Who did the DNC tangible harm by breaking the rules of their own charter? This question is important to answer if we want to hold them accountable.

According to the Court Transcript, the three “classes” of people that constitute “we” are anyone who donated to the DNC during the primary, anyone who donated to Sanders during the primary, and all registered members of the Democratic Party.

Here comes the roadblock. Do most people who donated to the DNC actually consider themselves harmed? The official DNC primary vote count says more voted for Hillary, and though there were a lot of shady operations going on, there’s been no evidence that over 3 million votes were fabricated out of thin air.

Further complicating matters is the definition of “Democrat”. Do we consider every card-carrying Democrat as a victim? What about left-leaning independents? Or registered Republicans who switched over to support Bernie in the primary?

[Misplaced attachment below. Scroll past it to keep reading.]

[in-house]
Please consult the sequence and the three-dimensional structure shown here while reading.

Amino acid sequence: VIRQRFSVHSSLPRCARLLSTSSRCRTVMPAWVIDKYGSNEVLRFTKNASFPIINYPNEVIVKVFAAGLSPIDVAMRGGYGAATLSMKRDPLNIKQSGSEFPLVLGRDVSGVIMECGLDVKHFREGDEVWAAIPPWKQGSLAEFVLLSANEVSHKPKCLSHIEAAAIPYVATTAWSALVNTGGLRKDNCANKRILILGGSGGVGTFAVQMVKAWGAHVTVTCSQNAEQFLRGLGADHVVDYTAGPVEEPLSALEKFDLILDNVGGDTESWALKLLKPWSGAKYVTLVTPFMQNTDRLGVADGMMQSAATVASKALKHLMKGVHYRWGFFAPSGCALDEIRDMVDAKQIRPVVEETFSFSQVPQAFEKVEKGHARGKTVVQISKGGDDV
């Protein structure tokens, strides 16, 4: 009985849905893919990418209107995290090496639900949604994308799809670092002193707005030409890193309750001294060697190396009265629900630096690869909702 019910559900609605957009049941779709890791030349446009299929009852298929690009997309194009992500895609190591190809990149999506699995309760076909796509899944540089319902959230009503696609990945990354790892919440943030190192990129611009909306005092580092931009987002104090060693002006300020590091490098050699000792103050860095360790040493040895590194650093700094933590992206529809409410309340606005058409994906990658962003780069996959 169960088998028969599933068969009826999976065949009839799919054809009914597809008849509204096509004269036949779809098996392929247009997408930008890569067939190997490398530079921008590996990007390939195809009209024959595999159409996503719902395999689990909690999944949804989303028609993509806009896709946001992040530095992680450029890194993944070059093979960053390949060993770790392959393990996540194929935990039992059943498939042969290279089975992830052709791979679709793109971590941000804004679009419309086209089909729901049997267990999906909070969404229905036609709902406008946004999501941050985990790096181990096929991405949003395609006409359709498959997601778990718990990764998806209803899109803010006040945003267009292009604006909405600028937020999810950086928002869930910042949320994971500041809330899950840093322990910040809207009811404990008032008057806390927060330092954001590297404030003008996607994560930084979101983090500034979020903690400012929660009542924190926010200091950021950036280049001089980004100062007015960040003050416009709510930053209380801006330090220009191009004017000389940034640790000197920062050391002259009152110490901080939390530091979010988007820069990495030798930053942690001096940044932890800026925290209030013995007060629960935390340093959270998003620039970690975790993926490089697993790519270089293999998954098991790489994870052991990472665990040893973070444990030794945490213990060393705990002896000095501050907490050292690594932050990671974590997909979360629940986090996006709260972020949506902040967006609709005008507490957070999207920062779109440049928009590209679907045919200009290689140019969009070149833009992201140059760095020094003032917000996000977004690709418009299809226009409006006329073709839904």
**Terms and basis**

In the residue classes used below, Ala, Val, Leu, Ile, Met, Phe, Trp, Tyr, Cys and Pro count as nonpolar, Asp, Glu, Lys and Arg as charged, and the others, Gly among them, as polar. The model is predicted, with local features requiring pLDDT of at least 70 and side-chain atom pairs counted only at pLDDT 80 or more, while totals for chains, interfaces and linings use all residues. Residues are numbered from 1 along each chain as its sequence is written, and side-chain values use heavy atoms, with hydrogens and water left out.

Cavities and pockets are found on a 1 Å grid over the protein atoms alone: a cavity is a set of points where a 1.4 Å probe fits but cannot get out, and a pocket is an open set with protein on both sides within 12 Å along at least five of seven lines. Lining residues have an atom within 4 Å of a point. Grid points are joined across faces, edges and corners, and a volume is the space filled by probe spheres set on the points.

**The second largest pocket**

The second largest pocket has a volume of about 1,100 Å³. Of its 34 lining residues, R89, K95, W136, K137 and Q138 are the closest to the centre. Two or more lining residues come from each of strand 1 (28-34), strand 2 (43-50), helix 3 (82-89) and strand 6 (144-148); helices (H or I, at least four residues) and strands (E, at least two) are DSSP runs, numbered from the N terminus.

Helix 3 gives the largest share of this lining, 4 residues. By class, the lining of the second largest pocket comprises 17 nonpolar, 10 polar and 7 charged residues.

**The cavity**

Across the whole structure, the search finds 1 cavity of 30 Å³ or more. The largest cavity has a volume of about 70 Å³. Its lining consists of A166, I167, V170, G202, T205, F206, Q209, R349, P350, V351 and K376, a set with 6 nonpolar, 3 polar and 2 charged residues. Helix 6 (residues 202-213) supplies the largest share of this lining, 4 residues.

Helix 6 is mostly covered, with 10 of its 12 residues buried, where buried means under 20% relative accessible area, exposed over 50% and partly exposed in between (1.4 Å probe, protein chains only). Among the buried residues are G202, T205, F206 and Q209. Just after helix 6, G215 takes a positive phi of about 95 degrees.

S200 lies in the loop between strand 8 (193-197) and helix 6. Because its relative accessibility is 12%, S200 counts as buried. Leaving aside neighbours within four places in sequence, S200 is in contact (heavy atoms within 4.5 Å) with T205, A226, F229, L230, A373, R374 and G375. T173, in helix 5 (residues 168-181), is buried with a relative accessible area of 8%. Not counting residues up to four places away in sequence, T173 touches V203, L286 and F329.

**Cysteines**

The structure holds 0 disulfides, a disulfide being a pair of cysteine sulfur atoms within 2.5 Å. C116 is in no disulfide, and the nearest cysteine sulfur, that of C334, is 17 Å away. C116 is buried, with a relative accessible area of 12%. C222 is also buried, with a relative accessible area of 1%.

These questions are important because if we can’t establish who the DNC owes money to, we can’t get them to compensate for their collusion with Hillary in the first place.

3. The meaning of the DNC’s rules.
While “impartiality and evenhandedness” seems pretty straightforward, it also comes with an obfuscating lack of measurable guidelines.

Does impartiality mean managers can harbor no public preference for who gets the nomination? Does evenhandedness mean an equal amount of assistance from the DNC? Is it a judge’s place to interpret not the meaning of a law, but the meaning of an internal rule? If we’re going to win this thing, Mr. Beck needs to convince the judge that questions like these have answers. Otherwise, there is no standard for the judge to evaluate damages by.

To be clear, allowing the DNC to retroactively apply their own special definition of “impartiality’ would definitely set a dangerous precedent for other organizations to follow. That alone, however, does not help us set a definite legal standard for “impartiality” or “evenhandedness” in a political organization.

In my humble opinion, solving this problem requires more than a lawsuit. It requires a national standard for what a “fair” primary looks like. That’s a debate in which Berniecrats need to be loud, proud, persistent and steadfast. You can look at this article (Link to DNC Cheating 3) to see my proposal for a fairer primary system going forward.